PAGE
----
2003 Distinguished Research Career Award

The 2003 Distinguished Research Career Awardee is Dr. John M. Coffin, American Cancer Society Research Professor of Molecular Biology at Tufts University School of Medicine, Boston, MA and Director of the HIV Drug Resistance Program at the National Cancer Institute, Frederick, MD.

Over the past thirty years, Dr. Coffin has studied retrovirus genetics and produced numerous important contributions with broad significance to the fields of molecular virology, cancer genetics, gene expression and evolution.

Dr. Coffin's large body of work includes the elucidation of the genetic structure of retroviruses of murine and avian species and mechanism of DNA synthesis and integration, population dynamics. These studies laid the foundation for rapid understanding of human retroviruses in cancer and AIDS patients.

Dr. Coffin's laboratory classified families of endogenous retroviruses in mice and used them as insightful indicators of the evolution of the host-virus association. Their characterization of alterations in genetic structure associated with cancer illuminated the mechanism by which oncogenic retroviruses capture and express oncogenes. This work included development of a cell culture system that proved that efficient packaging of readthrough RNA is a mechanism of oncogene transduction.

This body of work has provided important inroads into understanding the evolution and pathogenesis of retroviruses, including HIV-1. Dr. Coffin's studies on genetic variation in avian and murine retroviruses set the stage for realization of the awesome potential of HIV to evolve many viral variants, including drug-resistant variants, even before the onset of drug treatment. Dr. Coffin's work has important implications to understanding emergence of drug resistant HIV in AIDS patients that fail drug therapy, to cancer biology, and to xenotransplantation. As Director of the HIV Drug Resistance Program at the NCI, Dr. Coffin leads a large research effort to understand how HIV interacts with its host cell, how resistance arises in patients, and provide clues to drug discovery and vaccine development. He commutes between Boston and Frederick on a weekly basis.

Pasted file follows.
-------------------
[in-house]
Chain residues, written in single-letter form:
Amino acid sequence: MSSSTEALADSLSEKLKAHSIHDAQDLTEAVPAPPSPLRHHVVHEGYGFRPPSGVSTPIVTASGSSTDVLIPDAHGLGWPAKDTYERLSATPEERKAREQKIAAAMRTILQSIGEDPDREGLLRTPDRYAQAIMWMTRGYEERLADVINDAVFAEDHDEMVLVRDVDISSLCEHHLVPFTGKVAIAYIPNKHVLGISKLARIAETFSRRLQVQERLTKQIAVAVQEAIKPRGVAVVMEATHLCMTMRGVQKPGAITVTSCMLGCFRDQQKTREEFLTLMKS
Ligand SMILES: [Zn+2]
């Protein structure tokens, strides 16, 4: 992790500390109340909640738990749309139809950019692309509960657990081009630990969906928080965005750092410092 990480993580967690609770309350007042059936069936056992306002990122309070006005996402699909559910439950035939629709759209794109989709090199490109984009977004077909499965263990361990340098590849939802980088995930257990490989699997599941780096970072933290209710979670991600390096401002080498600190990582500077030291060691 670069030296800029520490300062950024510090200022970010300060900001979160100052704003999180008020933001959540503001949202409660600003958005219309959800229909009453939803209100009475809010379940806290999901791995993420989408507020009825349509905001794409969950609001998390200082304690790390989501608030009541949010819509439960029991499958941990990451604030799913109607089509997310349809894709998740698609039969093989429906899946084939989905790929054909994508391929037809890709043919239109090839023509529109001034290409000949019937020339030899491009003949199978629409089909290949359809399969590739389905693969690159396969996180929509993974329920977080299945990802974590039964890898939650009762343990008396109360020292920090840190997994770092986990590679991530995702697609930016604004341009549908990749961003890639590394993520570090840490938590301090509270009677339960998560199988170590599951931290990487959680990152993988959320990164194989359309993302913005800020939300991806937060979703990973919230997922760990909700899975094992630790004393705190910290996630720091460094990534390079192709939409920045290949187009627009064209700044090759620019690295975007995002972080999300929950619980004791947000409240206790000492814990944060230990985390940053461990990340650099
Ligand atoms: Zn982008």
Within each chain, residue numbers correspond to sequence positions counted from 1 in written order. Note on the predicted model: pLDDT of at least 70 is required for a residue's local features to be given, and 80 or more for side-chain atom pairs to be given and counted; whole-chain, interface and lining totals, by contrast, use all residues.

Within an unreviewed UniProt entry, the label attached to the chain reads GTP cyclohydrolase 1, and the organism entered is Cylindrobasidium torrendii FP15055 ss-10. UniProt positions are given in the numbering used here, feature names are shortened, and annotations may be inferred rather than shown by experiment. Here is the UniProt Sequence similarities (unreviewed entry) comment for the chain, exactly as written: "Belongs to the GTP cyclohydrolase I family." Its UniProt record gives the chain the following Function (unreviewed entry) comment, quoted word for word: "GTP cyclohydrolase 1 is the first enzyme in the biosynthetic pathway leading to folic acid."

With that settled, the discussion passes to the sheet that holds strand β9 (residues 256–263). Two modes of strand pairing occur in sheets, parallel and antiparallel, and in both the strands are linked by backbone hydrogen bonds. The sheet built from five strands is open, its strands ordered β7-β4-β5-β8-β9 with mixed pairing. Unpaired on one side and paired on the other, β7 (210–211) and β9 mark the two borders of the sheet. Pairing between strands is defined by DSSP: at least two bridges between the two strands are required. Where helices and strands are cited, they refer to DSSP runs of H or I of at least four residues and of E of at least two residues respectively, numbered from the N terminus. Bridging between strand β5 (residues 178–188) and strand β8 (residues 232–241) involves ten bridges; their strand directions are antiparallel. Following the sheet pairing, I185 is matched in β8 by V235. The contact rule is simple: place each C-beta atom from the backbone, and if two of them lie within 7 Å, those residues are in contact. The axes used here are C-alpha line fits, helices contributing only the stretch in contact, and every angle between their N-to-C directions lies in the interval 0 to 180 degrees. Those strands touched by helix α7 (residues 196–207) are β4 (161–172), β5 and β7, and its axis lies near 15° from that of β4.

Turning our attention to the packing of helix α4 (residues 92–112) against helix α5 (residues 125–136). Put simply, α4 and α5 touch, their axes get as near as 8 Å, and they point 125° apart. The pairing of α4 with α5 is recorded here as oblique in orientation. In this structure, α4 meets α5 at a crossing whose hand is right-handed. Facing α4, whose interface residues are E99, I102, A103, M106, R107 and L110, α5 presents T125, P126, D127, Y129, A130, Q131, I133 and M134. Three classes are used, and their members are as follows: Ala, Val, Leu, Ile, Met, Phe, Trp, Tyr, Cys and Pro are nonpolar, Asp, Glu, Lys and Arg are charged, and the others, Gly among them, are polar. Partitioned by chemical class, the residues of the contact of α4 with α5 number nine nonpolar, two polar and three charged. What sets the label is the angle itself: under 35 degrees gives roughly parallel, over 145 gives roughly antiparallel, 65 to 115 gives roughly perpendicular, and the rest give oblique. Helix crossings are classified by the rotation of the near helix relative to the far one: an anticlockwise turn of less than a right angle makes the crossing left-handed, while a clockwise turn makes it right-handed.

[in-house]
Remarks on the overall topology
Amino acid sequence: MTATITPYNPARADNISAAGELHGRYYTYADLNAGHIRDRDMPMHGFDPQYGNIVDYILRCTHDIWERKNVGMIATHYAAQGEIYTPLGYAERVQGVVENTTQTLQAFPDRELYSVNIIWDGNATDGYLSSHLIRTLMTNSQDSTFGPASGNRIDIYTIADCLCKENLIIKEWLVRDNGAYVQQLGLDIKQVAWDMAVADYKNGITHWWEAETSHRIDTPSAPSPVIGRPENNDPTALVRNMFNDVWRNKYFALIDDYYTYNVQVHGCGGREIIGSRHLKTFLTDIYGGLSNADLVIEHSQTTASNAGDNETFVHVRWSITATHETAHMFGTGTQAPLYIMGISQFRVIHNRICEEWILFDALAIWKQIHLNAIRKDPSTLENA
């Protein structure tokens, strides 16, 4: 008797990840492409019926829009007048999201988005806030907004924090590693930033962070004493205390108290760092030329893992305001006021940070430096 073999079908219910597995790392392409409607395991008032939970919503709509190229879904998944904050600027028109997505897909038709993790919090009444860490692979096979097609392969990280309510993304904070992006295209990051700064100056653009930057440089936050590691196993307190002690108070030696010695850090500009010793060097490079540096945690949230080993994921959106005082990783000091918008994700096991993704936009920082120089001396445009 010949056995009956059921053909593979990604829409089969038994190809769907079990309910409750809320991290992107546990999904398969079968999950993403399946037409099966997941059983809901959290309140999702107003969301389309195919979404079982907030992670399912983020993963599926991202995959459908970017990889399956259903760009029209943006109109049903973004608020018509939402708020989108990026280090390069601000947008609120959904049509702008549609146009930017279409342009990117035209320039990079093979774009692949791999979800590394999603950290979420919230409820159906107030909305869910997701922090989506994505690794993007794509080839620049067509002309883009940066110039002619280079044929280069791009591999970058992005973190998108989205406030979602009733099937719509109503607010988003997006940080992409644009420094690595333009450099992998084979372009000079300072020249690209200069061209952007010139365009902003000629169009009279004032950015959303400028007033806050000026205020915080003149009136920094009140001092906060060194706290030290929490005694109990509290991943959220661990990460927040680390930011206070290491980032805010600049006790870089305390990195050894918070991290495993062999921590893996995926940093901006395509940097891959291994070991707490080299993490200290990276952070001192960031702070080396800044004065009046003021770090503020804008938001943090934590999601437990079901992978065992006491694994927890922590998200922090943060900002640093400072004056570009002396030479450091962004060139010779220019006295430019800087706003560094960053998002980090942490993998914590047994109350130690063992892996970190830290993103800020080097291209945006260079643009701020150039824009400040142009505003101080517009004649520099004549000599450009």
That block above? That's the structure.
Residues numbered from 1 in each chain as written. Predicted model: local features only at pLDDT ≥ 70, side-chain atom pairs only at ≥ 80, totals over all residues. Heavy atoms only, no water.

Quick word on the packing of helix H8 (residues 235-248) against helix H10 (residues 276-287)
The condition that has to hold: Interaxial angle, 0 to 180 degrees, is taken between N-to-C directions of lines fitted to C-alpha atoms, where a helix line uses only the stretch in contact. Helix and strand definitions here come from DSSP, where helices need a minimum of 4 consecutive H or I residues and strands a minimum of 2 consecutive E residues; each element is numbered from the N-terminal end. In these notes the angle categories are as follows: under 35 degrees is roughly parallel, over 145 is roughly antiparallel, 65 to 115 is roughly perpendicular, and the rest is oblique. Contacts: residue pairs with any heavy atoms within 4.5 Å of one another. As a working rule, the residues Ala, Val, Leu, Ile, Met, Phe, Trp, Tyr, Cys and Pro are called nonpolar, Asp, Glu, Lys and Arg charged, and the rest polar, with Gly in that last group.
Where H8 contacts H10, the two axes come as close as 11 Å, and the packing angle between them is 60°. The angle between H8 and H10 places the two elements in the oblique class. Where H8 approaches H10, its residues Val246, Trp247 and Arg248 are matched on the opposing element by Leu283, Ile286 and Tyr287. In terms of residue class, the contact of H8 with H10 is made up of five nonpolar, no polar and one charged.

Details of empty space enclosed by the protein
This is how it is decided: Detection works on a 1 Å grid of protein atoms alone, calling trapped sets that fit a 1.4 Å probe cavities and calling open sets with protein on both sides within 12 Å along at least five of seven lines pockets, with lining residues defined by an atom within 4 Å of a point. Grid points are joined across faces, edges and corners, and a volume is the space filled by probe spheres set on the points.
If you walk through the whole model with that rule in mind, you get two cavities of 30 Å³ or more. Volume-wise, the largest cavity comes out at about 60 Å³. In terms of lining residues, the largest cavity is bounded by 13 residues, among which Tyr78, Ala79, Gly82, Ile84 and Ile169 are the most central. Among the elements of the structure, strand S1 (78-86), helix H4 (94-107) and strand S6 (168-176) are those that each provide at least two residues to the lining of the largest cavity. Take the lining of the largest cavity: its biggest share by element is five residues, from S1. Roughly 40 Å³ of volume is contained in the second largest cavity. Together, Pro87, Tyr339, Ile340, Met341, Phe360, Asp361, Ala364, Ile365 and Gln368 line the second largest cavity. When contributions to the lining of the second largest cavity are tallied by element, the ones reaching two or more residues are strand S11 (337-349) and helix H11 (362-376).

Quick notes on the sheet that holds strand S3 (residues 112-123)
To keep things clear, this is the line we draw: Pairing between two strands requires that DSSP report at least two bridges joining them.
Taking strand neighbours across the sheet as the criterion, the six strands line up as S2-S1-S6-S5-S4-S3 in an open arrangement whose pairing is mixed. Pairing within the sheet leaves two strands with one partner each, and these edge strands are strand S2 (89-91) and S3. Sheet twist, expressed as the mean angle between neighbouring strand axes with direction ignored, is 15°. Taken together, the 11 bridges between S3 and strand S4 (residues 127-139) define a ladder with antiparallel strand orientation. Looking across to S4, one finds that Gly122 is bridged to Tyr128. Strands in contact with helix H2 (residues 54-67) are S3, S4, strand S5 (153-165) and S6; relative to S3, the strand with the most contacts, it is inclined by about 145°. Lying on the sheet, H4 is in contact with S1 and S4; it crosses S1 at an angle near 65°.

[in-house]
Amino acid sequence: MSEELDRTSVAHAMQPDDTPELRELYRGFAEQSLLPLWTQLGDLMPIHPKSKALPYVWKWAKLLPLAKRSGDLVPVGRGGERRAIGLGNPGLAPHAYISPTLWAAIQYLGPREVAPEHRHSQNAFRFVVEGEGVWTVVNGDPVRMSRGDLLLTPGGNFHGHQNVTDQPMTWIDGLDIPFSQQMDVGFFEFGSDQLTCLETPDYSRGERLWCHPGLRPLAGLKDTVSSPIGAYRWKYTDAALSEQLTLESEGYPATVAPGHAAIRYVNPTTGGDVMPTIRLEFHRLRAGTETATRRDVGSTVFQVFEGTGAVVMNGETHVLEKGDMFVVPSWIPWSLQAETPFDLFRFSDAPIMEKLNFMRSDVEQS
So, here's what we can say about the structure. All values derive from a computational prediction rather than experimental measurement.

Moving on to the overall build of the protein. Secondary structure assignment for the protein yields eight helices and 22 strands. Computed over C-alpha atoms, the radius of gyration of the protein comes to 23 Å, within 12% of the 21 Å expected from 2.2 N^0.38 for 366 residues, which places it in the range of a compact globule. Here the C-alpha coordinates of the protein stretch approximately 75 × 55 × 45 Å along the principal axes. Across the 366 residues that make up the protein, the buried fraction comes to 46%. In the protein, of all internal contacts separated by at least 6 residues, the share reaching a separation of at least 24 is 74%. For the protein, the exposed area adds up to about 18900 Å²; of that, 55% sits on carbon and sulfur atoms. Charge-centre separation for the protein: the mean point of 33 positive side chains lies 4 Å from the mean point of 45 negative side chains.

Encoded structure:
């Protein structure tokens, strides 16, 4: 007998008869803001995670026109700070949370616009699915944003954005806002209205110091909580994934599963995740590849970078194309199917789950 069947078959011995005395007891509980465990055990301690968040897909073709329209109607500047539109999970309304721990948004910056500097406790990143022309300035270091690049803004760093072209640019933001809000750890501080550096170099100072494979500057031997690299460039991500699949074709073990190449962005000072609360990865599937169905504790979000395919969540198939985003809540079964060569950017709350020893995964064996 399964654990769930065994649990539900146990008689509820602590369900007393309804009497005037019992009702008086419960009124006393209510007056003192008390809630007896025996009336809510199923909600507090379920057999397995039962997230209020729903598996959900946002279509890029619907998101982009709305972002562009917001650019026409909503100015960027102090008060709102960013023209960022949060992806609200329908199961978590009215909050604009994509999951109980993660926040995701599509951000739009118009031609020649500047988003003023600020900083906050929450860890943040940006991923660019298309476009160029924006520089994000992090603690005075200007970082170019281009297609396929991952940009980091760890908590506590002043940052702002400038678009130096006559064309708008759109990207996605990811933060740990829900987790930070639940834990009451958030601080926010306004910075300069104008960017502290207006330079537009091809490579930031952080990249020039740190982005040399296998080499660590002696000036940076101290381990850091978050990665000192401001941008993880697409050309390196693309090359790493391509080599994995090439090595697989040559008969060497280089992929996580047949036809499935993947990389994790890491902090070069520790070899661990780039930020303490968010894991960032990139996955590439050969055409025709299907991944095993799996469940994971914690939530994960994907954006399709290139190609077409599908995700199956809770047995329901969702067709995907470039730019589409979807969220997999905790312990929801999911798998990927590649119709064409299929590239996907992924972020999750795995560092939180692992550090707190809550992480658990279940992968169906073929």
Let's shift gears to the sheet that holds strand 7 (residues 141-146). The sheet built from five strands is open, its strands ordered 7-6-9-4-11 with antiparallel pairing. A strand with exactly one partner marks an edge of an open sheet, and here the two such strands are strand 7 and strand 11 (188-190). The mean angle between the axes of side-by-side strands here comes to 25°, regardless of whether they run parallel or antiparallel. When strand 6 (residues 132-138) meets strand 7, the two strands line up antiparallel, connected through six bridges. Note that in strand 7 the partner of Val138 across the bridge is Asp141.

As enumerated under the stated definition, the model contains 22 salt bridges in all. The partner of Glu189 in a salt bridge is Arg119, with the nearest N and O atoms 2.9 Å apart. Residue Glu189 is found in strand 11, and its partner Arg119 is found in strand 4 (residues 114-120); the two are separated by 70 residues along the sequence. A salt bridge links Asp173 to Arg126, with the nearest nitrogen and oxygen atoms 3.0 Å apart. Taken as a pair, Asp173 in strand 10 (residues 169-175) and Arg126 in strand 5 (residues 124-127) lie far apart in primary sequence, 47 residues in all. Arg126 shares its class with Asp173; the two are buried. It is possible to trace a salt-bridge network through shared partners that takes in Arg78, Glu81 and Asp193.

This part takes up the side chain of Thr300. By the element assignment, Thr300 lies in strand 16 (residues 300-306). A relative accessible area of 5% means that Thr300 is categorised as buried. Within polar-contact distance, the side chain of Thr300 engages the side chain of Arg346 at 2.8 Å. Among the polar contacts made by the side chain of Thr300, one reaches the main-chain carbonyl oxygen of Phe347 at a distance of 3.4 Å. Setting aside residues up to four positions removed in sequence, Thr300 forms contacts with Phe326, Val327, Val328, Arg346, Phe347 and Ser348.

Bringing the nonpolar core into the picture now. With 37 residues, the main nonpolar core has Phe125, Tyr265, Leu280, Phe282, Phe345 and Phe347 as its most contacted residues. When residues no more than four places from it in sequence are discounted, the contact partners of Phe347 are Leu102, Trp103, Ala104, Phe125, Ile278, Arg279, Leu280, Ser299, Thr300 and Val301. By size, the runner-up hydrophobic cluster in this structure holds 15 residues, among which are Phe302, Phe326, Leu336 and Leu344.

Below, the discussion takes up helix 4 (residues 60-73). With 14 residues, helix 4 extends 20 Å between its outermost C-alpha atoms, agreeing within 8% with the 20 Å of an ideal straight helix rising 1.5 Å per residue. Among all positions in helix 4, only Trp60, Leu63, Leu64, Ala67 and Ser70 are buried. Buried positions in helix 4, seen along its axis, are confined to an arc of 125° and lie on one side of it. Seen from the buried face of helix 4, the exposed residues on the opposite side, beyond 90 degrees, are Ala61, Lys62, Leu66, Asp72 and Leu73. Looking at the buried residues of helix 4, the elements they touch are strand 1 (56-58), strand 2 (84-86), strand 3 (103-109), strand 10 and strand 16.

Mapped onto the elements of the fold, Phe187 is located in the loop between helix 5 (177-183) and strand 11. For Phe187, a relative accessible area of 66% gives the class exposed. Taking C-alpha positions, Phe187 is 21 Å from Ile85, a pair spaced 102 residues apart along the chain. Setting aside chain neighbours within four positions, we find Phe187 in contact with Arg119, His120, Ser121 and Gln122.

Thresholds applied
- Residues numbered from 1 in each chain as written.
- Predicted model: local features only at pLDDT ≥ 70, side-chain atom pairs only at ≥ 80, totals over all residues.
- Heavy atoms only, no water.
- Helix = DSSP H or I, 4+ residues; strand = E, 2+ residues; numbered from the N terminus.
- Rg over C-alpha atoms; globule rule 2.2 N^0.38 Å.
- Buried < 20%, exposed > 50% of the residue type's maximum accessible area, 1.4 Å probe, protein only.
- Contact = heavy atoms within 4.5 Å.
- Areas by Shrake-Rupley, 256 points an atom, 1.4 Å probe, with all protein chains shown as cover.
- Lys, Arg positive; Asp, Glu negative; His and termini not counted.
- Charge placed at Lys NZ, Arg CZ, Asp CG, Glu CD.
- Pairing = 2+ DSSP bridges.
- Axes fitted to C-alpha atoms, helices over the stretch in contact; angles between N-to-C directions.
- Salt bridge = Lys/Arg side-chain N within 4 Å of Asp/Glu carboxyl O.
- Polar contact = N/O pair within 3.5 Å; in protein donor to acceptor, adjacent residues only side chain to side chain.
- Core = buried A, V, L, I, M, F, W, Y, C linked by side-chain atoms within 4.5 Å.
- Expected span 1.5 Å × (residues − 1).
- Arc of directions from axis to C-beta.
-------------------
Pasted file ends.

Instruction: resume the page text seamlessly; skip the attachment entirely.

Dr. Coffin has been recognized by numerous awards including the American Cancer Society Professorship, and he was NIH Outstanding Investigator award for fourteen years. Dr. Coffin is a member of the National Academy of Sciences one of the highest honors that can be conferred on any scientist in recognition of his many accomplishments. Throughout his career, Dr. Coffin has played a major role in public policy issues and he has held numerous leadership positions and also many editorial posts.

During his two-day visit in April, Dr. Coffin received the Award and commemorative crystal bowl and presented the special lecture "Retrovirus Evolution". Dr. Coffin presented a second chalk talk seminar at the weekly Retro-Lab meeting, which was entitled "Retrovirus Integration". He met with numerous faculty and graduate researchers to discuss their research programs. The visit was sponsored jointly by the Center for Retrovirus Research, Departments of Molecular Virology, Immunology and Medical Genetics, Veterinary Biosciences, the Molecular Cellular Developmental Biology Graduate Program, and the Comprehensive Cancer Center.

Dr. John Coffin (left) receives Career Award crystal from Dr. Patrick Green

Dr. John Coffin (left) receives Career Award crystal from Dr. Patrick Green

Dr. Coffin during presentation of his distinguished seminar to Center for Retrovirus Research and OSU faculty, students, and staff

Dr. Coffin during presentation of his distinguished seminar to Center for Retrovirus Research and OSU faculty, students, and staff

Dr. Coffin presents a second lecture at the Retrovirus Center weekly Lab Meeting.

Dr. Coffin presents a second lecture at the Retrovirus Center weekly Lab Meeting.